tecsun-pl-310etHi there, a good friend of mine Mr Thomas Brogan mentioned to me recently that his little Tecsun PL-310ET was proving to be an excellent receiver and that it would suit my DXpedition activities. Now, as someone who likes to push the envelope of performance with sophisticated portables, usually coupled to very large antennas, a cheap little Tecsun might not have been an abvious choice for my next purchase. However, Mr Brogan (who has an excellent Youtube channel by the same name – check out his wonderful collection of vintage and modern receivers) previously suggested I buy, for similar reasons, the Sony ICF-SW100. That little masterpiece of electronics turned out to be one of the best receivers I’ve ever owned. I felt compelled to take notice because Tom never gets this stuff wrong! A few days later I found myself in Maplins – again – and there it was on the shelf at just under £40, so I bought one.

I got back into shortwave listening about 18 months ago, after many years of inactivity whilst my poor Sangean ATS-803A rotted away in the garden shed and Sony ICF-7600G long-gone via eBay. To start all over again, I bought a Tecsun PL-360.  What a great little portable that turned out to be – there are over 100 reception videos on my YouTube channel demonstrating how it continually performed above and beyond the very modest price tag. I even managed to hear ABC Northern Territories 4835 kHz on it once –  simply amazing for a receiver under £30. Given my extensive experience with the PL-360 and having learned the PL-310ET shared the same DSP chip, I was expecting the same, or at least very similar performance and the only real benefit to upgrading to the PL-310ET was the direct frequency access.  However, I was wrong about that!

pl-360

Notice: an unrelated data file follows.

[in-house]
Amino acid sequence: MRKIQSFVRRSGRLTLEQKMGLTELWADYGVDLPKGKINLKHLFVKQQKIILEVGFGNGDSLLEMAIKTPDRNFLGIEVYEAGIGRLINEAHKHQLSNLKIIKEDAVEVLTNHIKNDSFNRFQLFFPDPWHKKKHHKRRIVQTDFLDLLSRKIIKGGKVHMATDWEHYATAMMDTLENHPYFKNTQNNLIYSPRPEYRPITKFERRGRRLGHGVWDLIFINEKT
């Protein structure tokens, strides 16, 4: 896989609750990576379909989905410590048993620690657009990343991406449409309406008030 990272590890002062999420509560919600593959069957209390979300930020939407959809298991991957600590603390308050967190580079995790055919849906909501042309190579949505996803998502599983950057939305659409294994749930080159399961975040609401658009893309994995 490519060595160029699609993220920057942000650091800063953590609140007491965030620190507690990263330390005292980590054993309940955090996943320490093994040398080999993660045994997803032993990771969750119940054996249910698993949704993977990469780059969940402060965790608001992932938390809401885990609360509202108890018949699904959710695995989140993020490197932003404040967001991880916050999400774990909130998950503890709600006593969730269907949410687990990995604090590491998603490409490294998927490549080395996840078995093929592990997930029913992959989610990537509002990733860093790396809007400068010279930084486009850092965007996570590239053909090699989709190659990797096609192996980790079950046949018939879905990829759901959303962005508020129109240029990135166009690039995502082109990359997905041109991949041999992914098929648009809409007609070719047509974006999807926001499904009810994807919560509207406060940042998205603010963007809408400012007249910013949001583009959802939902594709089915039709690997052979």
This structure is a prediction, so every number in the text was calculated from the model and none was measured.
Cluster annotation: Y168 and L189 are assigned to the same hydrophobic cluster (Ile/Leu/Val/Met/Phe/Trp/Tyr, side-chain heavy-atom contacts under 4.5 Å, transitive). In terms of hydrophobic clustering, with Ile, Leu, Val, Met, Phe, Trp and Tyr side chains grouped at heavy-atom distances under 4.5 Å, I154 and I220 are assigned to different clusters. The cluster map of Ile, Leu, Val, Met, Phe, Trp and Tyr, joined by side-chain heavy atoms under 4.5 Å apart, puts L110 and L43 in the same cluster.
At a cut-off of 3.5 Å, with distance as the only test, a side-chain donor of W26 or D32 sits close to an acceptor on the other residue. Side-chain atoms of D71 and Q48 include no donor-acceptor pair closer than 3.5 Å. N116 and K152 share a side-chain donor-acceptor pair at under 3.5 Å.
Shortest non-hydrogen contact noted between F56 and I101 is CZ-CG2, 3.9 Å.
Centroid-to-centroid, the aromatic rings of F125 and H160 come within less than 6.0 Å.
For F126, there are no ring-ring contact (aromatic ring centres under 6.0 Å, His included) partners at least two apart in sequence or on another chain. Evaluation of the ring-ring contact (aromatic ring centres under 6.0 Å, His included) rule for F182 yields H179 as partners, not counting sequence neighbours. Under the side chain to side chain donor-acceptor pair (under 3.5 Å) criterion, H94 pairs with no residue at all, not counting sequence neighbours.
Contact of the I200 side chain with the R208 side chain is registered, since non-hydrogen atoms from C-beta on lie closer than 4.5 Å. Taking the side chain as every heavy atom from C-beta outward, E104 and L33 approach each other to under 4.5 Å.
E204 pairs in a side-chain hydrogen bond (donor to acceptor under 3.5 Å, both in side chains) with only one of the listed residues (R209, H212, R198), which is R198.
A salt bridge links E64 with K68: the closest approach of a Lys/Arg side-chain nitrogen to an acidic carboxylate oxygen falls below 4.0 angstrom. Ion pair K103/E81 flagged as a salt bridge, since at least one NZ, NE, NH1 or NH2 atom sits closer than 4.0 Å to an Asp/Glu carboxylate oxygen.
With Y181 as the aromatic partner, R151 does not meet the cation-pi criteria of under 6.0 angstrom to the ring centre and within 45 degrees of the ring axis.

The brilliant Tecsun PL-360 got me back into shortwave radio for less than £30

About a week after buying the PL-310ET,  I managed to get out on a DXpedition and with 30 metres of wire attached to it via the external antenna socket, I started tuning around the SW bands. Quite simply, I was amazed at the sensitivity and selectivity of this diminutive little portable. With the proven DSP receiver chip and a number of audio bandwidth filter options  from 1 to 6 kHz, coupled with direct frequency access via the keypad, it was a joy to use and listen to. In just over an hour I had  copied signals from North Korea, including their internal service KCBS Pyongyang, Zanzibar BC, ABC Northern Territories (at the first attempt!), Zambia NBC Radio 1, Radio Oromiya and Radio Amhara from Ethiopia, amongst others. Brilliant stuff and clearly demonstrating that the overall hardware/software package with the PL-310ET is a step up in performance over the PL-360 and capable of proper DX for a very modest outlay. Interestingly, in a conversation with Thomas Witherspoon regarding the PL-310ET, he reminded me that it was one of his go-to radios for travelling and confirmed it’s excellent performance.  I would definitely recommend this radio to novices and experts alike.

Reception videos follow below, with more to come in part 2; I hope you enjoy them. Thanks for watching/listening and I wish you all excellent DX!

 

 

Clint Gouveia is the author of this post and a regular contributor to the SWLing Post. Clint actively publishes videos of his shortwave radio excursions on his YouTube channel: Oxford Shortwave Log. Clint is based in Oxfordshire, England.